Les Décrets de la Divine Providence

Day 262 of A Year of War and Peace

e who lives to see two or three generations,” Schopenhauer writes, “is like a man who sits some time in the conjurer’s booth at a fair and witnesses the performance twice or thrice in succession.” Imagine a Russian woman foredoomed by absurd longevity and cursed with clear understanding throughout it all. What a conjurer’s show she’d enjoy! Late in her life she’d watch Stalin’s utopian agricultural experiments in the Ukraine mutate into first famine and then a war on the peasantry. And just about that time the Nazis would show up with the intent of establishing a Lebensraum in the same region so, of course, they’d need to confiscate the produce of the land — whatever was left after comrade Stalin’s genius ideas anyway — and redistribute it to the good German volk.

Our imaginary friend might then compare these depredations to a time earlier in her life when another Western power, this time France, invaded Russia. There, too, many were slaughtered and suffered egregiously. What conclusion to draw after witness to such a life other than to find oneself in total agreement with Robert Browning who once poetried, “Manifold are thy shapings, Providence!/ Many a hopeless matter gods arrange.”

Emperor Alexander, himself to witness to the French invasion of Russia, is all too familiar with the many shapings of Providence. In fact, he speaks of the harsh vagaries of Providence twice in today’s chapter after he is given news of Moscow’s abandonment and burning. He tells the bearer of this bad news that Providence requires great sacrifice and that if the sacrifice entails suffering with the people he rules then so be it.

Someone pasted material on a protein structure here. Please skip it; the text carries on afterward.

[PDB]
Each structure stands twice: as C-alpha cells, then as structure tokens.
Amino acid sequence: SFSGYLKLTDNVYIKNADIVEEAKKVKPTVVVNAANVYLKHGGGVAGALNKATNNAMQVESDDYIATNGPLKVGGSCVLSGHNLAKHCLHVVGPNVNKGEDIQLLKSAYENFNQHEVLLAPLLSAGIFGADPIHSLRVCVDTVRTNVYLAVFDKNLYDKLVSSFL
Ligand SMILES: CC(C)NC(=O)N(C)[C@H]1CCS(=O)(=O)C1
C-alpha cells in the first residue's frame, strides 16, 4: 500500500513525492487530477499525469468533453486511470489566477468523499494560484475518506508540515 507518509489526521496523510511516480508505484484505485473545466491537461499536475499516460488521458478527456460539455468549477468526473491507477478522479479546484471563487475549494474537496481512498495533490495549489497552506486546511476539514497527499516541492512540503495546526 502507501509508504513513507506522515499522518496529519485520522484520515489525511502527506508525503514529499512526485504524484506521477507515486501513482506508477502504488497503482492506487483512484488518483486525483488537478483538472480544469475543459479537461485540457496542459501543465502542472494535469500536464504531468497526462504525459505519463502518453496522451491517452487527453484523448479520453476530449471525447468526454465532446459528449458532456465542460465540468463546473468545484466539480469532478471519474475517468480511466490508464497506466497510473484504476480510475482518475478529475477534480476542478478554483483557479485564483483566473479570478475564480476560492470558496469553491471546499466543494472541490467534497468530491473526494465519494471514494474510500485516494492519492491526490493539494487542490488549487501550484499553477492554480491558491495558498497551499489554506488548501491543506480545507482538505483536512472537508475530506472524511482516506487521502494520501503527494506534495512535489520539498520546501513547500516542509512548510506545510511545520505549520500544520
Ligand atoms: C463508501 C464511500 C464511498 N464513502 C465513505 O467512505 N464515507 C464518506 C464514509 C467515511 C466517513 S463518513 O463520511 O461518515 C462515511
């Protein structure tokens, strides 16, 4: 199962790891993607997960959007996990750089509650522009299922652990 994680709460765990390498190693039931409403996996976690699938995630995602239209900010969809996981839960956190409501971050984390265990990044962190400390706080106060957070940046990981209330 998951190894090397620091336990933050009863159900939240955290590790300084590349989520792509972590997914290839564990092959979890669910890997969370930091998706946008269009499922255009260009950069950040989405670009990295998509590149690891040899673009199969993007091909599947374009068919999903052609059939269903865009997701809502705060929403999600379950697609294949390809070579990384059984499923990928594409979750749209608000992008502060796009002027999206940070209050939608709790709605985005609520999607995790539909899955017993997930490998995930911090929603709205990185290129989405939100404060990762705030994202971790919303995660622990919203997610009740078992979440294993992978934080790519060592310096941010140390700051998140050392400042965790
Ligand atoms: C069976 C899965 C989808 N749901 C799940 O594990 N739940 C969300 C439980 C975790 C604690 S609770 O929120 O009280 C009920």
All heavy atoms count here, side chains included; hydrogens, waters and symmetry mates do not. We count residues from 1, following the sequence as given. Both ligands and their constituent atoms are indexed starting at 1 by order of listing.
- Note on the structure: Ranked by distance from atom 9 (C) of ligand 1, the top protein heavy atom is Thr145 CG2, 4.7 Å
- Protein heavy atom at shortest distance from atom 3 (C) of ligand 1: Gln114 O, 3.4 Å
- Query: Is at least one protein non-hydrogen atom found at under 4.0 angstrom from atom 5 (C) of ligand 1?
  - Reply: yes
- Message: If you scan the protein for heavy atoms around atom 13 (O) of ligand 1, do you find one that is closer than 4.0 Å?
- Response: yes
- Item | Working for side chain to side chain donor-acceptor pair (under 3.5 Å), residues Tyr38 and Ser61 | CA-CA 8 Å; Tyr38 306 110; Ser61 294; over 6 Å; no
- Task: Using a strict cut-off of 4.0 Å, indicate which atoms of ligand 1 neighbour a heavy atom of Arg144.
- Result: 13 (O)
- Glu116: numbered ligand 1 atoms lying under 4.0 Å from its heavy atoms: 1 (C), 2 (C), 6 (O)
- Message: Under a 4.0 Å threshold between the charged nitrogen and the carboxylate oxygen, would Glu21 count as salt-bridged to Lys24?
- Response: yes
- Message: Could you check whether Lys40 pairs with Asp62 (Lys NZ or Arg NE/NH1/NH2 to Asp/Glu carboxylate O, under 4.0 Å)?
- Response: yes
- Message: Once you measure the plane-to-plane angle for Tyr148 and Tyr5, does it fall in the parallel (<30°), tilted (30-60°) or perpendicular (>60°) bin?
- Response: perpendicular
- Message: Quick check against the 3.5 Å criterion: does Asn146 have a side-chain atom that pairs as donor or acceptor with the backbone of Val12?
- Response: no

It’s an admirable response to hardship. He says he will exhaust all the means under his command to stop Napoleon’s aggressions but should that fail he’ll endure what Providence supplies him. What he doesn’t do is give up. Instead he’ll wrestle with fate to the best of his abilities. It’s almost as if Emperor Alexander is familiar with Epictetus’s teaching, and one of our previous meditations, that difficulties are like a wrestling partner whose assaults are a means for us to strengthen our own defenses.

That’s an lesson for everyone, emperors and hypothetical Russian ladies alike.


The art of life is more like the wrestler’s art than the dancer’s, in respect of this, that it should stand ready and firm to meet onsets which are sudden and unexpected.

Marcus Aurelius, Meditations

This is the two hundred and sixty second installment in a daily, yearlong, chapter-by-chapter reading devotional and meditation on Leo Tolstoy’s War and Peace. For more information on this project please read the introduction to the series here.

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For my friends and family, love. For my enemies, durian fruit.

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